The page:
It’s been quite the year...and it’s still not over. As businesses around the world start to re-open and people adapt to wearing masks and looking at each other through plexi-glass, our home province of Quebec was the only Canadian province that completely opened its schools on May 28th. Although the school year is now over, we’ve had a month to experience what the Fall season will look like, and we’d love to share our experiences with you.
We’ve had the pleasure of doing 35 photo shoots here in Quebec over the last month and we have to admit that students, staff and volunteers seem to have adapted well to the changes and followed our precautions. You can check out our last blog to learn about the safety measures we put into place.
We’ve also done some shoots in Ontario, but that was a little more complicated. Schools and parents were requesting Grad photos, however, we were not allowed to enter the schools. We had to move fast to buy some equipment to shoot outdoors! With the extended and unpredictable delivery times we’ve all been experiencing over the last few months, we had to settle for white tents. If you can, darker color tents would be ideal to avoid having so much bounce-light, which can create extra spill on your subject. We’ve been using tents which are 10x20 feet, and these are big enough for our recommended 2-light setup, the photographer, and the student.
Of course you will need a power source to run your setup. We’ve been using Paul C Buff battery packs. One usually lasts the entire photoshoot, but we always have a backup just in case. You want to make sure you secure the tent with weights to prevent strong winds from taking you on a trip to Oz. Another thing to consider is having a tent which can be fully closed in case of rain. However, if there is heavy rain or a thunderstorm in the forecast, you probably want to reschedule the shoot. Lastly, it can get very hot inside the tent!! We recommend bringing a couple of fans, mostly for the photographer since the subject will only be in the tent for a few minutes...and we don’t want their hair or tassels blowing in front of their face!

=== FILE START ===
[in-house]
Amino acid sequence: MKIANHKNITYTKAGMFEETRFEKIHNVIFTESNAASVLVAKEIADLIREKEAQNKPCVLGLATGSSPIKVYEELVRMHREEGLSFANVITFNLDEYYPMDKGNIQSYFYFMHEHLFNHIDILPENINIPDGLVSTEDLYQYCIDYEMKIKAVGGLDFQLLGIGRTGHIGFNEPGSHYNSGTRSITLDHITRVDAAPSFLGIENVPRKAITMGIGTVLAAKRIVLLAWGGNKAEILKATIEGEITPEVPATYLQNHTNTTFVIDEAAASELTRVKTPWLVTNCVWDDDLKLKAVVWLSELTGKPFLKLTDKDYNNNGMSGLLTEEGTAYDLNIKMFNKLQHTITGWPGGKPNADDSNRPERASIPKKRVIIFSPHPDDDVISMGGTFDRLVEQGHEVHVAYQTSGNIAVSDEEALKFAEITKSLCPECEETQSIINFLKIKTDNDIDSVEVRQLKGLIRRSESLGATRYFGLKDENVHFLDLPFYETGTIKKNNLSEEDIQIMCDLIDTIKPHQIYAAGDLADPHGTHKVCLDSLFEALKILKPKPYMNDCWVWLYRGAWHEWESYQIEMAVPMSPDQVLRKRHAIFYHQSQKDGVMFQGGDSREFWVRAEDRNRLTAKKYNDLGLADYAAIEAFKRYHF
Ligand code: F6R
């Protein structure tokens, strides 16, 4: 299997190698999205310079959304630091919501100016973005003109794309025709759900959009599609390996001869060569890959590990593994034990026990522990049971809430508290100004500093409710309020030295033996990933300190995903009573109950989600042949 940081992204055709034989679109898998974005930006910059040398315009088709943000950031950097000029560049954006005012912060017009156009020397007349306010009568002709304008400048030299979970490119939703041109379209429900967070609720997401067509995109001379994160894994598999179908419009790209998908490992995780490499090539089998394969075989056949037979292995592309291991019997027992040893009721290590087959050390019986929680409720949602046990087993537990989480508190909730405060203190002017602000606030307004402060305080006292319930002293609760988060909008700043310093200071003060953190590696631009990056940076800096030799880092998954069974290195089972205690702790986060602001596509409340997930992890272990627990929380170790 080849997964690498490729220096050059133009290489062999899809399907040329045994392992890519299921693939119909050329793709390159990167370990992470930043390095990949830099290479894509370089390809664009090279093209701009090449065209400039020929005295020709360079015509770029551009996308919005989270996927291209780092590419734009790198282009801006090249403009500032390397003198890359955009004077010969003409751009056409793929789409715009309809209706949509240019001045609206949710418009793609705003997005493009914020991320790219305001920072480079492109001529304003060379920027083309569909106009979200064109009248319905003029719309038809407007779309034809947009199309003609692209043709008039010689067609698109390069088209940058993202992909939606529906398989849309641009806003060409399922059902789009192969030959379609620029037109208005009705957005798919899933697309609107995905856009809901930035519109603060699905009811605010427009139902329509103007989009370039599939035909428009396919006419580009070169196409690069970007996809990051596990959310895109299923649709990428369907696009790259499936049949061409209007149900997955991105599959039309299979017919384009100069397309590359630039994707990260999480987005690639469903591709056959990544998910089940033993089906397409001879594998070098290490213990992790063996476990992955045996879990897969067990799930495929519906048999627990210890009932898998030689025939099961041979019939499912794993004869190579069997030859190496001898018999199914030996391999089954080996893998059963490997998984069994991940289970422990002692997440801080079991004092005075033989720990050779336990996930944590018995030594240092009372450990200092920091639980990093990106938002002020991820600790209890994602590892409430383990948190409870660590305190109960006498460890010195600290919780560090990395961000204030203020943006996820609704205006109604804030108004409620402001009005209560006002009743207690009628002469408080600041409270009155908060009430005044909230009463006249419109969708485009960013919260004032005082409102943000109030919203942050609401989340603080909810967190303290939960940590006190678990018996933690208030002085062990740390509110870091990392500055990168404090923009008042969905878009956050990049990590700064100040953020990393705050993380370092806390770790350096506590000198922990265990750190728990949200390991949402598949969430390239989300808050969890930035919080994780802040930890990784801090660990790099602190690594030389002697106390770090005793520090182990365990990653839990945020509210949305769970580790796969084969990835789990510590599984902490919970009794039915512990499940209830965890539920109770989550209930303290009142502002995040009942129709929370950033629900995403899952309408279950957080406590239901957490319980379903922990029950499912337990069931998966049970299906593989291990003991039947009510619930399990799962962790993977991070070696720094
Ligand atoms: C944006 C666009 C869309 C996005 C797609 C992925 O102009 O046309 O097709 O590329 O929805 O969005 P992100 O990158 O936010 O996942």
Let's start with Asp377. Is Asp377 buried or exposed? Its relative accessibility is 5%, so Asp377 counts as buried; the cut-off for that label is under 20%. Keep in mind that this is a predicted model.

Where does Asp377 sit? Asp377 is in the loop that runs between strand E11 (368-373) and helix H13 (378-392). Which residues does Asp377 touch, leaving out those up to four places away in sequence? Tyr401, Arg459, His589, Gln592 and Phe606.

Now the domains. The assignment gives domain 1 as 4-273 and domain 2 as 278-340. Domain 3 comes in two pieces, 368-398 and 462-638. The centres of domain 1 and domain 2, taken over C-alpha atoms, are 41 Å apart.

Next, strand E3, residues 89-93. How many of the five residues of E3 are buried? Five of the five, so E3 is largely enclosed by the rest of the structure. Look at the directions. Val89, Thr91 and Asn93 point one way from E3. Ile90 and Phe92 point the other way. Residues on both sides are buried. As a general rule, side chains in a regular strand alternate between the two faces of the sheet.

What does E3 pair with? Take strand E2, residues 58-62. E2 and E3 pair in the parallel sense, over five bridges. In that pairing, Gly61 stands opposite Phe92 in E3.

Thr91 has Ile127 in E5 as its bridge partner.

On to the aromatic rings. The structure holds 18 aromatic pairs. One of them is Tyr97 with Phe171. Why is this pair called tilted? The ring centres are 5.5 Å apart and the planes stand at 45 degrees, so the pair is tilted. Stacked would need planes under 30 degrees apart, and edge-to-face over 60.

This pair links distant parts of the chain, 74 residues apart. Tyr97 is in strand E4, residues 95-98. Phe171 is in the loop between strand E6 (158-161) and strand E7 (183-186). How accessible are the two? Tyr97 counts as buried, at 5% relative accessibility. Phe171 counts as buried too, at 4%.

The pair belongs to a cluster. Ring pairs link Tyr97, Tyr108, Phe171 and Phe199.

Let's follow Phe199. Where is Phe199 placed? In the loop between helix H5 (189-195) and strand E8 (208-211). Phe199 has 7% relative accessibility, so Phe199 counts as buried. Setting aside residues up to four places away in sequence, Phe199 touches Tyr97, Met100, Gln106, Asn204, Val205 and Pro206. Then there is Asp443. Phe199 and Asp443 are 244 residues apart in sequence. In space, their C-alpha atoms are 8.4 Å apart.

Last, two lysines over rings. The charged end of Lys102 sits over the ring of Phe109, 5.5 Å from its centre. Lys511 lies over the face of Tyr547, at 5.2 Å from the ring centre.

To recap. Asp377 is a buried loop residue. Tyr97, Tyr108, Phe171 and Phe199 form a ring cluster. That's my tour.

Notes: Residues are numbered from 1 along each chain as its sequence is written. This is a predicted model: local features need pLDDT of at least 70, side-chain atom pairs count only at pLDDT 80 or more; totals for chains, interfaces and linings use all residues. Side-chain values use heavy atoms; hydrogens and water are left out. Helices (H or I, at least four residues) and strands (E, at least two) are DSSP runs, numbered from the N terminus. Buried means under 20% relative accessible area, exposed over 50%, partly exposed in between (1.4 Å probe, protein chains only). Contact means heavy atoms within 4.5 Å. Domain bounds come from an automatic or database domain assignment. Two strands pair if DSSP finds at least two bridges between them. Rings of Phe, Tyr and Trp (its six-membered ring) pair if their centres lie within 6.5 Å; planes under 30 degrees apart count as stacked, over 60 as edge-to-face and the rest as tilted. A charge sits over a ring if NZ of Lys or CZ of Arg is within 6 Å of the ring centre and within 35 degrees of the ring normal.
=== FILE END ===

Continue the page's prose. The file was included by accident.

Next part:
Even with a tent, there is much more ambient light when shooting outdoors. We recommend using more artificial light to balance out the ambient light. Of course when doing this, you will need to adjust your camera settings. What’s been working for us is using an f-stop between f11 and f16 (instead of our usual f8), depending on how sunny it is.
The other major challenge in contactless photo shoots is posing. This is a real test to see just how good your photographers really are. The easiest tip we have for you about this is Monkey see, monkey do. That’s right, if you want your subject to do a specific pose, the best way is to show them by doing the pose yourself.
Once the kid is in position, you may need them to slightly move their head. Well, if you tell a kid to “turn their head to the right,” they’ll most likely turn their head 90 degrees, leaving you with a full side-view of their face. The key is to use your hand to gesture how much (or little!) you actually need them to turn their head. These little gestures, together with your verbal directions, will make a BIG difference in getting the student in the proper position for an amazing photo.
We want you to have a successful fall season, which means you may need to practice a new setup. You can submit your green screen images for our free GSI analyzer. Within 24 hours you will get a full report on the jpeg quality, wrinkles, shadows, noise, resolution, green, and spill.